This isn't actually a mystery and the answer is fairly simple: real quantum physics is equivalent to many worlds quantum physics. There really isn't an alternative explanation available.
Yes, I know there are a number of other interpretations available. But I was specific in my language. Copenhagen, for example, doesn't explain anything. It just says "this is what appears to happen and there is no explanation."
As it turns out, the other interpretations do this as well. Bohm, for example, 'explains' how there is actually no such thing as superpositions (by placing all the mathematics of a superposition in to the 'pilot wave' -- mathematically equivalent to superpositions but not called that) but doesn't even attempt to solve any of the big problems of quantum physics, such as your question (know as the observation problem) or how quantum physics can be squared with locality. Or put another way, Bohm 'explains' something that needed no explanation (superpositions--which are in fact real) but doesn't even attempt to explain / solve any of the problems of quantum physics.
This is true for every single 'interpretation' of quantum mechanics except one: many worlds.
Many worlds isn't merely another interpretation. It's an actual explanation of why quantum mechanics behaves so counter intuitively to us. And it does it by simply taking the theory seriously and refusing to compromise on it. It literally add nothing at all to the theory. It just says "well, if we take the theory seriously, what does that mean?" This is the complete opposite of every other 'interpretation' all of which add extra stuff to the theory that serves no purpose but to not take the original theory to it's own logical conclusions. That is why I say Many Worlds Quantum Physics is Quantum Physics. All the others are Quantum Physics plus some extra unnecessary stuff that just complicate the theory for no particular reason.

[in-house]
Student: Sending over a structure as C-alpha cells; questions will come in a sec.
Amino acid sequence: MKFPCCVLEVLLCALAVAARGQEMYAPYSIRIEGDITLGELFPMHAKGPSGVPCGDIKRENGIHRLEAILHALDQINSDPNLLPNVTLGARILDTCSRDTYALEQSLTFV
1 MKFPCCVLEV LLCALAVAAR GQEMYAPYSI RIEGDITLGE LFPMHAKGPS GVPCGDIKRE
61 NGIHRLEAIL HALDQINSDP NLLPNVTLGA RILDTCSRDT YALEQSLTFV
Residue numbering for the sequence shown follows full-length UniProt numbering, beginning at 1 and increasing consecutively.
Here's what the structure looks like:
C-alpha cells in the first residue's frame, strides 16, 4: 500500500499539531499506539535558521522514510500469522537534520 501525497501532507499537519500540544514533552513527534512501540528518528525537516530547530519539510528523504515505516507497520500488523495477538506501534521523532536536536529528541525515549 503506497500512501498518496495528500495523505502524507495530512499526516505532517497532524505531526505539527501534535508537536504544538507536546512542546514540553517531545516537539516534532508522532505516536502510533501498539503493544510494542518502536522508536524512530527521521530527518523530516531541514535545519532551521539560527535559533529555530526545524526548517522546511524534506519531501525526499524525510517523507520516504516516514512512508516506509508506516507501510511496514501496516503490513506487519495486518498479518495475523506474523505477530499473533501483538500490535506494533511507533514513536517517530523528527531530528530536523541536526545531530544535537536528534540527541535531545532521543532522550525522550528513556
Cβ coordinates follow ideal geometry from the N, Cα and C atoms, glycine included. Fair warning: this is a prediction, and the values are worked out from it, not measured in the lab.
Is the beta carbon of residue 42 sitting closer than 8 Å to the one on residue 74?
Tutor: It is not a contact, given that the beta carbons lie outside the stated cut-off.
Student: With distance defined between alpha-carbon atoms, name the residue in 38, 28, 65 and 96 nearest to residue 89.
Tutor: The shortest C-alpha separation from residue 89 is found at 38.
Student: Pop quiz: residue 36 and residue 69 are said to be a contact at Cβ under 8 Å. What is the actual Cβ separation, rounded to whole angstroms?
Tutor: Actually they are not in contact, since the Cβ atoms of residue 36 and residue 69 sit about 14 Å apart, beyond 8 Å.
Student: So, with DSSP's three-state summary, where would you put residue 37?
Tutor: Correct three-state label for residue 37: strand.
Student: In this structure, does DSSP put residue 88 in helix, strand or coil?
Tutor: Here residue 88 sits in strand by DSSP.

So how does many worlds quantum physics explain Schrodinger's Cat? When the quantum event takes place that both kills and doesn't kill the cat, reality superpositions and there is then a dead cat in one world and a live cat in another. When you walk over and open the box, you then superposition. One version of you in one world sees the dead cat and one version of you sees the live cat.
"Observation" plays no role in many worlds quantum physics except in the sense that it explains why observation seems to cause the wave function to collapse -- namely that you become part of the overall super position. In fact, it never collapses at all.
If you are curious to explore this answer further than I can explain here, look but the books by David Deutsch (creator of quantum computational theory). Both of his books, The Beginning of Infinity and The Fabric of Reality, explain this in much better detail.
Also, look up the Elitzur–Vaidman bomb tester experiment on Wikipedia and spend some time thinking about how many worlds would explain what is going on and see if any of the other interpretations even attempts to. It is much weirder than Schrodinger's Cat and much harder to explain away. For example, the wave function 'collapses' even when there is no observation at all! (Because the observation of the bomb exploding takes place in a different world. The world where you don't see the bomb explode never has any observation take place in 50% of the cases.)